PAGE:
"You read it and it goes in one ear and out of the other," Davis says. "You need tough skin to deal with it and on the whole players have that. You would also like to think it would not be an issue if it was someone on their team who had come out."
It would not, of course. But consider what opposition fans have dished out to such players as Steven Gerrard and Gary Neville – to cite just two from recent years – and you get a sense of what the first openly gay professional player might be up against.
Whether a minority of players might be tempted to use an opponent's sexuality to goad him on the field of play is unclear. An FA charge, bringing a mandatory five-game ban on conviction, would give any who are tempted grounds to think again. Davis has been subjected to one piece of homophobic abuse – a few weeks ago from an opposition player. "Gay ****," the opponent said, after a challenge on the pitch. "I didn't say anything at the time and was just shocked," Davis says.
It is perhaps a measure of how far the anti-homophobia message has been hammered home that when word got out that Davis had received this abuse – because walls have ears at a club like Gainsborough – the opponent sought out his number and texted him an apology. "He said that he had made the comment in the heat of the moment, not out of hatred," Davis says. "An FA charge would have caused a lot of trouble to him and his reputation."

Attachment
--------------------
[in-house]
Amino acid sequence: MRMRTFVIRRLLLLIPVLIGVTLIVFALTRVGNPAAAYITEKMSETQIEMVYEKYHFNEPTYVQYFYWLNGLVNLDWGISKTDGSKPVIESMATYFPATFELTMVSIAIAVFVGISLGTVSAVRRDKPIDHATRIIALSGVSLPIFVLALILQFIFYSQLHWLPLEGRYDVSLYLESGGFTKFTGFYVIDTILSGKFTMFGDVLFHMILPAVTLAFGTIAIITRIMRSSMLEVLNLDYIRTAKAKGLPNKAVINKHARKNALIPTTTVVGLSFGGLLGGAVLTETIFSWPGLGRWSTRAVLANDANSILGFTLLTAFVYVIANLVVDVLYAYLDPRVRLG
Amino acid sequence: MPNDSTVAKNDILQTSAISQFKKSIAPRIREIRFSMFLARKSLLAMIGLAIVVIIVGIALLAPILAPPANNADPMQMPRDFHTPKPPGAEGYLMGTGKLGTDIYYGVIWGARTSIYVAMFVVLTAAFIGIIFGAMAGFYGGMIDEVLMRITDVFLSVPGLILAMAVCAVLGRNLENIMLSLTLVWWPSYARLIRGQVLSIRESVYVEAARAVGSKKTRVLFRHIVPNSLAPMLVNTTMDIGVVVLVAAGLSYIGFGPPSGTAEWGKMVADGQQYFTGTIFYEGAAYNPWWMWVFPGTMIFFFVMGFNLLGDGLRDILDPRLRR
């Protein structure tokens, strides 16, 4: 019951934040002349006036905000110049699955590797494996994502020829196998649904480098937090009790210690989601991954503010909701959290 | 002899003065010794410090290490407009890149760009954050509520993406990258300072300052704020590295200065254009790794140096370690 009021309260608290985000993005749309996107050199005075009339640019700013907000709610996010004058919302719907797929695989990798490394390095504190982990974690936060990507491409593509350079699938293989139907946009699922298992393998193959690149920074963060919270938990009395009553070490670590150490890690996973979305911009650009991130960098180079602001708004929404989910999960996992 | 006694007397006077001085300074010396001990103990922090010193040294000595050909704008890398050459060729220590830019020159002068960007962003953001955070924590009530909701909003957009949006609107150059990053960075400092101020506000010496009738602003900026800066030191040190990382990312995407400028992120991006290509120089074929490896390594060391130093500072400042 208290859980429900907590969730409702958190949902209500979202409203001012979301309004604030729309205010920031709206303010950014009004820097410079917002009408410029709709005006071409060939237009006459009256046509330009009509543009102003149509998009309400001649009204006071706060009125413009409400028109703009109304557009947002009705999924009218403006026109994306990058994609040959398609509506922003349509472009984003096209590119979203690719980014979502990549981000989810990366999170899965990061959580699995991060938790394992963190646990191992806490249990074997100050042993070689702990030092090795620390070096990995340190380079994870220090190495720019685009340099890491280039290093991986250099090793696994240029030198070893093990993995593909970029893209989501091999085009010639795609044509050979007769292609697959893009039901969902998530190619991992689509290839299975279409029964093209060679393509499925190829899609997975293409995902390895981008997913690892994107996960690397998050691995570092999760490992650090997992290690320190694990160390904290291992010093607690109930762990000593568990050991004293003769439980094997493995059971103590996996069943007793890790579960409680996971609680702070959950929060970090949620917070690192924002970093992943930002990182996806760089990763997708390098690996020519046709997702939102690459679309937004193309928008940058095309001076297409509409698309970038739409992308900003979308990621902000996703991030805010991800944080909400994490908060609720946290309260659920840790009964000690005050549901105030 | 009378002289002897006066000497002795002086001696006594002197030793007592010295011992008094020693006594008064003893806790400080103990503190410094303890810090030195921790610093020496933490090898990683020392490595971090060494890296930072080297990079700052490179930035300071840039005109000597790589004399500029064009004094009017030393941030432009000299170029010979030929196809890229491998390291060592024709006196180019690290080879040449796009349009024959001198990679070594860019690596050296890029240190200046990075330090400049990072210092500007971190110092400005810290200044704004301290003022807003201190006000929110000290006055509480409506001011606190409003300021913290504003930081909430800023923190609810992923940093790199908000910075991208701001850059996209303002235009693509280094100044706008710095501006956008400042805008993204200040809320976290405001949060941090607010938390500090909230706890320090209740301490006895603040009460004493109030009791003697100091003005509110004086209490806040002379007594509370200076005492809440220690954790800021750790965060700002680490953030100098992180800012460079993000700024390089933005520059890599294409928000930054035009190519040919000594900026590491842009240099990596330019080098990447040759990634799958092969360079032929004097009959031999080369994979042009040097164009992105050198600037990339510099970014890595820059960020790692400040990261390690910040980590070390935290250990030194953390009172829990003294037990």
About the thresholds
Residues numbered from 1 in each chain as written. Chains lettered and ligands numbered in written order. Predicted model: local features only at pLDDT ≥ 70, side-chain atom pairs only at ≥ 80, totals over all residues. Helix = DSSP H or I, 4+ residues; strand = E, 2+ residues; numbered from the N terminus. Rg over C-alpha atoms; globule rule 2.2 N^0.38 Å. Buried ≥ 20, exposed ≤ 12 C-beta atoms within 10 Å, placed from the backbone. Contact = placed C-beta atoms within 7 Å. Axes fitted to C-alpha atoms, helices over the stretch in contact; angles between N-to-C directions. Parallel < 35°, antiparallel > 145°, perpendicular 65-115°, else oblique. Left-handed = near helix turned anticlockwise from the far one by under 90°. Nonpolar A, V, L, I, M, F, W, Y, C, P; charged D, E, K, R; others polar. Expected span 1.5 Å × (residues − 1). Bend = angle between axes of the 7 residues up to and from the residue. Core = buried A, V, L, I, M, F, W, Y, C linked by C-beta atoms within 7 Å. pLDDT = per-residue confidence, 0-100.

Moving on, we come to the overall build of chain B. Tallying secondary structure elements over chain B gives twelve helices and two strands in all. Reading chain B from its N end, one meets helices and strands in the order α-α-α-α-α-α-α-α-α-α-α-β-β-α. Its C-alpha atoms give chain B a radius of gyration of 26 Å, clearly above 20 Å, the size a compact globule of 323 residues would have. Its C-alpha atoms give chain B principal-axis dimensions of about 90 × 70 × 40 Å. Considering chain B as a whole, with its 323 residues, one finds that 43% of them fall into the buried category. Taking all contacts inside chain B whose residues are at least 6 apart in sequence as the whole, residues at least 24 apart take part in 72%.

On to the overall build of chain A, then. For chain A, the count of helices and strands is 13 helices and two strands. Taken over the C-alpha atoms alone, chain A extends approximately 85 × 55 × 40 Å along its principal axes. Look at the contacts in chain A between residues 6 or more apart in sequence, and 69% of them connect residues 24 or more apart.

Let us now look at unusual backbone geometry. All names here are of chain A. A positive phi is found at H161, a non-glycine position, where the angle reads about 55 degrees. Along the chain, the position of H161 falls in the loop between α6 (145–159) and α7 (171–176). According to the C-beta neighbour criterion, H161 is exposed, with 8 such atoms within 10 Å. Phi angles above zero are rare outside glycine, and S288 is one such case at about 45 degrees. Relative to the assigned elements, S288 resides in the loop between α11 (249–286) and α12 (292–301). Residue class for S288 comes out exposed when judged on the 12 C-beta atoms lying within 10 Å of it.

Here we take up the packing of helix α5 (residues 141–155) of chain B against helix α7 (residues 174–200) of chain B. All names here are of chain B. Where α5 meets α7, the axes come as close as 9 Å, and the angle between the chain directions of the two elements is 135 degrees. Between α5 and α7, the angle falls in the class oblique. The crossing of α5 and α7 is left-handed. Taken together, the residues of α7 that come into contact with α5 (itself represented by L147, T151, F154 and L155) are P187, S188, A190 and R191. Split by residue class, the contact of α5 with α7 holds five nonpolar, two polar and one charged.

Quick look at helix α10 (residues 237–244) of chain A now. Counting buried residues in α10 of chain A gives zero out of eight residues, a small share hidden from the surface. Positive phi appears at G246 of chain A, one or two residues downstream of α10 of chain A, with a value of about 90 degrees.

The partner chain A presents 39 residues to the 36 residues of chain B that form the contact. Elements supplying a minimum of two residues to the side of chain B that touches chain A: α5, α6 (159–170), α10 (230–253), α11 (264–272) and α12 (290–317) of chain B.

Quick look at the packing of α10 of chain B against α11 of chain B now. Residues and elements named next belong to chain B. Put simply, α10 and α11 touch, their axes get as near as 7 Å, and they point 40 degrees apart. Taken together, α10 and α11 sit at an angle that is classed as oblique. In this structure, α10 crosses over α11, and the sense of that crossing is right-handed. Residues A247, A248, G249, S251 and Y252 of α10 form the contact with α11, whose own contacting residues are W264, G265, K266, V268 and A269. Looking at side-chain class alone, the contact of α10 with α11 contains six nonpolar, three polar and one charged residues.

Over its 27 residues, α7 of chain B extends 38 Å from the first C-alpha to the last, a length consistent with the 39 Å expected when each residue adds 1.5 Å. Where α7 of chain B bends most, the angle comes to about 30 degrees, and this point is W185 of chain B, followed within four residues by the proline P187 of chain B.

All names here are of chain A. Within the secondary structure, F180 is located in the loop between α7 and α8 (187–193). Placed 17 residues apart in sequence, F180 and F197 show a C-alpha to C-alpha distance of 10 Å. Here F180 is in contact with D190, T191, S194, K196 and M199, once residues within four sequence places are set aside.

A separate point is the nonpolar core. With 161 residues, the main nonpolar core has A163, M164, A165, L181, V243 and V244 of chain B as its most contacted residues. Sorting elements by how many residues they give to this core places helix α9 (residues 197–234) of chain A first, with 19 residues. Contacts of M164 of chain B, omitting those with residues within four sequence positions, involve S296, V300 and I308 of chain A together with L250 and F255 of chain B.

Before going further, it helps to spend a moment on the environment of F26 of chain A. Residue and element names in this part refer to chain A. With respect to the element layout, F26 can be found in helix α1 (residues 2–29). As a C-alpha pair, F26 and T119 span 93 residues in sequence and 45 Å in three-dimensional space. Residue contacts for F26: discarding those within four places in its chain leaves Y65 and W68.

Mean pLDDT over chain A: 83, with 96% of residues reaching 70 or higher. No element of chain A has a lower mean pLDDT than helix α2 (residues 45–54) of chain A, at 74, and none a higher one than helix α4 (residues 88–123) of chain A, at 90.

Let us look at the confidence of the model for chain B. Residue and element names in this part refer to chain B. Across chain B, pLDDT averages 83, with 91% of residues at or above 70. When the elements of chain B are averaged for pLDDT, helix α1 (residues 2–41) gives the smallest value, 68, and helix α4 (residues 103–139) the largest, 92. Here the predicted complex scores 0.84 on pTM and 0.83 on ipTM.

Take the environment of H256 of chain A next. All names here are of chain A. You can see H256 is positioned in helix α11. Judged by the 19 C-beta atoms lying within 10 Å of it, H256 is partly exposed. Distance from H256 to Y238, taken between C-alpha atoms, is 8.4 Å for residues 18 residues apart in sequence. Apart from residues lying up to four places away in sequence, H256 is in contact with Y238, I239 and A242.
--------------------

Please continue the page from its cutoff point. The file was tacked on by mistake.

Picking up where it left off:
The size of the media story is the other challenge which lies ahead for the first top player to come out. You sense that Davis finds the media aspect the least welcome part, even at his level, determined though he has been to discuss Hitzlsperger and encourage others to feel that they can take the same course. The anonymised hate which social media and forums seem to encourage has also already led some to suggest that Davis has been publicity-seeking in discussing the issue with the Echo – though it was the local paper which approached him. This maelstrom will be amplified higher up the leagues.
"It would have been great if Hitzlsperger had come out while he was still playing at the top level and set the precedent," Davis says. "When one player does, others will follow and I guess the second and third won't be the same big story. Maybe we're getting to the point when there is enough acceptance of the issue for someone to come out while playing. That's the moment when others can follow."
The sheer challenge of earning a salary to supplement the one which non-league football delivers leaves Davis with little time to contemplate the challenge his sexuality creates in his chosen sport. The Point provides a quality which is seeing it flourish near the river front. Davis is getting down to work there at 9am when we talk – a time most players are still rolling in to training.
Davis works the tables. His partner does the cooking. "Customers come in here for some good food and good service," he says. "What relevance does my sexuality have to that? And what relevance does it have to my football? They pick me on merit, because of the way I play football. I'm judged on the football. Nothing more and nothing less."